LETTERS off, deliver your boat home yourself. At that time of year the winds are usually lighter than in the spring and the height of summer, which is good. But you still may have to duck in at places like Morro Bay, Monterey and Santa Cruz. The very best solution? Hire somebody to deliver the boat home, someone with a flexible enough schedule to be able to wait for a proper weather window. Such a trip requires a lot of effort, but as cruising in Southern California is completely different than in Northern California, it's well worth it. By the way, depending on how much time you have and your schedule, you might want to join the Southern California Ta-Ta, which goes from Santa Barbara to Catalina with stops at Santa Cruz Island, Channel Islands Harbor and Paradise Cove. It runs from September 11 to 17, and has been a blast for the first three years. But almost all the slots are taken, so don't wait.
⇑⇓ ZEN SAILOR HEADED FOR THE MONASTERY On April 25 I was headed out to New Zealand's Bay of Islands while Webb Chiles was inbound for Opua in the Bay of Islands. So I took a few photos. And I took a few more the morning he departed for Australia. It was a clear and still morning, and he hoisted the main on his Moore 24 Gannet and slipped his mooring at the first hint of a breeze on the beginFor all the world, it looked as though ning of the ebb. No muss, Chiles was going for a casual daysail. no fuss, no fanfare. For all the world it looked at though he was a daysailer going out on a casual outing. Only more relaxed. John Tebbetts Ichi Ban, Yamaha 33 Vava'u/Tacoma, WA
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John — Thanks for the photos. As we report in this month's Cruise Notes, Chiles made it to Australia and has probably already departed for Cape York, Darwin, and then 6,000-miledistant South Africa. Webb has done so many unusual things with sailboats that a lot of people wonder if he's a little daft. Having met him prior to the start of his circumnavigation, we think he's a very intelligent guy who simply marches to the beat of his own drum. We wish him luck on the rest of his sixth — yes, sixth — circumnavigation. ⇑⇓ IF THE BEEP DOESN'T GET A RESPONSE, THE SIREN COMES ON Chuck Hawley's May 2016 issue article on prioritizing safety spending was very good. It neglected, however, one vital and relatively inexpensive item that no shorthanded crew should be without — Watch Commander from www. sailsafely.com. For around $200 you can guarantee that no one will sleep past your designated time interval to conduct a visual scan of the horizon, check of the radar, etc. If you set the interval for, say, a 20-minute interval, after 20 minutes elapses without a reset, Watch Commander starts to beep to remind you. The initial beeping is about as loud as the seat belt indicator on your car. If the beeping doesn't prompt a reset in a minute or two, a siren — which will wake everybody aboard as well as everybody within miles — goes off. The US Sailing report on the loss of the Aegean and her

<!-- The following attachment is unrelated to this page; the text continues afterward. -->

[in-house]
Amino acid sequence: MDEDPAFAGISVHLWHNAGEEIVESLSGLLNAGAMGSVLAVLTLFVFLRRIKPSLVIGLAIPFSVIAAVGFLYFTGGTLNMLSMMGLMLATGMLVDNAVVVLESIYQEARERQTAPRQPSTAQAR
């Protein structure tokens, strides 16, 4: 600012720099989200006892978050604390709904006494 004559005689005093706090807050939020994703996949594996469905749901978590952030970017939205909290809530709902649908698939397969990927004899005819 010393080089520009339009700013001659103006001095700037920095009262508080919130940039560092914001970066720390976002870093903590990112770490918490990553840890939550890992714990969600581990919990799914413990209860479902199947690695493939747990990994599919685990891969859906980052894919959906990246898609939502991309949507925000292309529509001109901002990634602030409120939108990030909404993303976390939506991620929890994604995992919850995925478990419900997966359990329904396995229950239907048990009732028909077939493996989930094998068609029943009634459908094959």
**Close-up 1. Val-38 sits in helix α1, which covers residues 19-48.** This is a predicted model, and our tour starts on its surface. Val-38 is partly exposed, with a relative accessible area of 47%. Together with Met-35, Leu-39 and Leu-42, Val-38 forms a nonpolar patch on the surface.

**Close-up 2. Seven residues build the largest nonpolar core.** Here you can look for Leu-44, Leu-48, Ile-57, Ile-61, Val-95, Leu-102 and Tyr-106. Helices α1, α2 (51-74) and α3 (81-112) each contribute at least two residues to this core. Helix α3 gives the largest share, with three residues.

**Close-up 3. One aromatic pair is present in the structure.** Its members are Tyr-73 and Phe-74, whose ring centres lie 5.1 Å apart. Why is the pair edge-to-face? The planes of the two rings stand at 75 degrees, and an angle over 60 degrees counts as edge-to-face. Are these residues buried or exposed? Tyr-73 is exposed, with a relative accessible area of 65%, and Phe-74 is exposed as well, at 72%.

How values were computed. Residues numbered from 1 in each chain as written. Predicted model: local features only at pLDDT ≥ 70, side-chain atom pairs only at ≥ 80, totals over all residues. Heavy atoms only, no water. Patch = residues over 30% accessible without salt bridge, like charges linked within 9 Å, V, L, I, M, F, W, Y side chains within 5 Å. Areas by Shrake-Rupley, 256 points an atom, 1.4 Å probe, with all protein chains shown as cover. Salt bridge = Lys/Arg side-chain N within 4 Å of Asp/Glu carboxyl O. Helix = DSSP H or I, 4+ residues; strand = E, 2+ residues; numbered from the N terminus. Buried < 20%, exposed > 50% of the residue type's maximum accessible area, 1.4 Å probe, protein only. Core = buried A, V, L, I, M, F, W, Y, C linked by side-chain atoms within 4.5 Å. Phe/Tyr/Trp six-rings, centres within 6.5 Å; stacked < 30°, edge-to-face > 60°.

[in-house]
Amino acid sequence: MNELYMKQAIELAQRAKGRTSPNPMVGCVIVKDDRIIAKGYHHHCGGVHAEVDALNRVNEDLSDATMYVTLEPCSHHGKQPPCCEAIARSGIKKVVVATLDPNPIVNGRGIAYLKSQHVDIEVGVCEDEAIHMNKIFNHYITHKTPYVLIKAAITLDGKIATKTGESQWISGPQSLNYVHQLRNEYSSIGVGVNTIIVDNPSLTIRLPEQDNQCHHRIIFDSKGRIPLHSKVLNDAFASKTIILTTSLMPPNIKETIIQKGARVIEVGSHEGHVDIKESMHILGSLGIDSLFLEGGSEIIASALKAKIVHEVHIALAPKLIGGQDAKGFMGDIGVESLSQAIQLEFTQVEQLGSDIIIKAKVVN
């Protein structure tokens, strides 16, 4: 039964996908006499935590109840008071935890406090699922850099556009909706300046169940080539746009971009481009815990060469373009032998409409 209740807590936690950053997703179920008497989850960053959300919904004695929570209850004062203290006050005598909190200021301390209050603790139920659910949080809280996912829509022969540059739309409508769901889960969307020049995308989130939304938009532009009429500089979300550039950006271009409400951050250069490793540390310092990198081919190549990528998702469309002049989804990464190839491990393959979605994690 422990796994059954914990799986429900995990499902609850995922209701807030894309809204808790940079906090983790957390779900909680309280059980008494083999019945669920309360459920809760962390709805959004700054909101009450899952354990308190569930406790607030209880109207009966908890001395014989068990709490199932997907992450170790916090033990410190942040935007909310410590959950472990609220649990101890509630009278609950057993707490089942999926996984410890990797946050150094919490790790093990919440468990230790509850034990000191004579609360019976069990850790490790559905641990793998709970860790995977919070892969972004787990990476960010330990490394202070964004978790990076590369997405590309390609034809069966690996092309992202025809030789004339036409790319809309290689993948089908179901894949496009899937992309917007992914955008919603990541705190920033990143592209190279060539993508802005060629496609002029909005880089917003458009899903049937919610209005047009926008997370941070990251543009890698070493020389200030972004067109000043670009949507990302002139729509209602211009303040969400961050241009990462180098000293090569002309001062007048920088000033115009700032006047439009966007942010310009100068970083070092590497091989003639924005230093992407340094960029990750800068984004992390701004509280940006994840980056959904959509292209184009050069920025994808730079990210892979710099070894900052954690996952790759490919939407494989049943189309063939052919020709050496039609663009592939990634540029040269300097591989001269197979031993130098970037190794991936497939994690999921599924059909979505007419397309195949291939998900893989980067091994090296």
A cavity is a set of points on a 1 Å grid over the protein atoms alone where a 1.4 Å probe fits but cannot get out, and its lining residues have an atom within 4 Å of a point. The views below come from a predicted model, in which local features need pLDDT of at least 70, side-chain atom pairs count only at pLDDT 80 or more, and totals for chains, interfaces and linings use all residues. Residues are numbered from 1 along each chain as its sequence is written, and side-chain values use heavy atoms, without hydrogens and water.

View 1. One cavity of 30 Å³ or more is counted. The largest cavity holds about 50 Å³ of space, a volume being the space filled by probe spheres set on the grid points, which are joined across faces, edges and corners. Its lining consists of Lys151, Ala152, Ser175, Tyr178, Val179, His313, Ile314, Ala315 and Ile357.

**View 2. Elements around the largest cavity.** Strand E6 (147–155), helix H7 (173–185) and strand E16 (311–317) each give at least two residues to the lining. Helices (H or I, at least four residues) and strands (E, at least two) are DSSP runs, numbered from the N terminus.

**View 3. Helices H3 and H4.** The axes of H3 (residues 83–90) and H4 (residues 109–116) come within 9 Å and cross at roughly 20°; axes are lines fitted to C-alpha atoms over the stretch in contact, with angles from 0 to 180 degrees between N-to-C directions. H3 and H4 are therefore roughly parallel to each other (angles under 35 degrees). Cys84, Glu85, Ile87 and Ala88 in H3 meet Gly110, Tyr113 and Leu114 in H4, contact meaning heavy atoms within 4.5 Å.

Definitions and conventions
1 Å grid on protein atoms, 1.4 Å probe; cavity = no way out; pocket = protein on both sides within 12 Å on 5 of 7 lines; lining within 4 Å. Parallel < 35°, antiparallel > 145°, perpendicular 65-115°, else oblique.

The June 2016 issue of the West's premier sailing and marine magazine.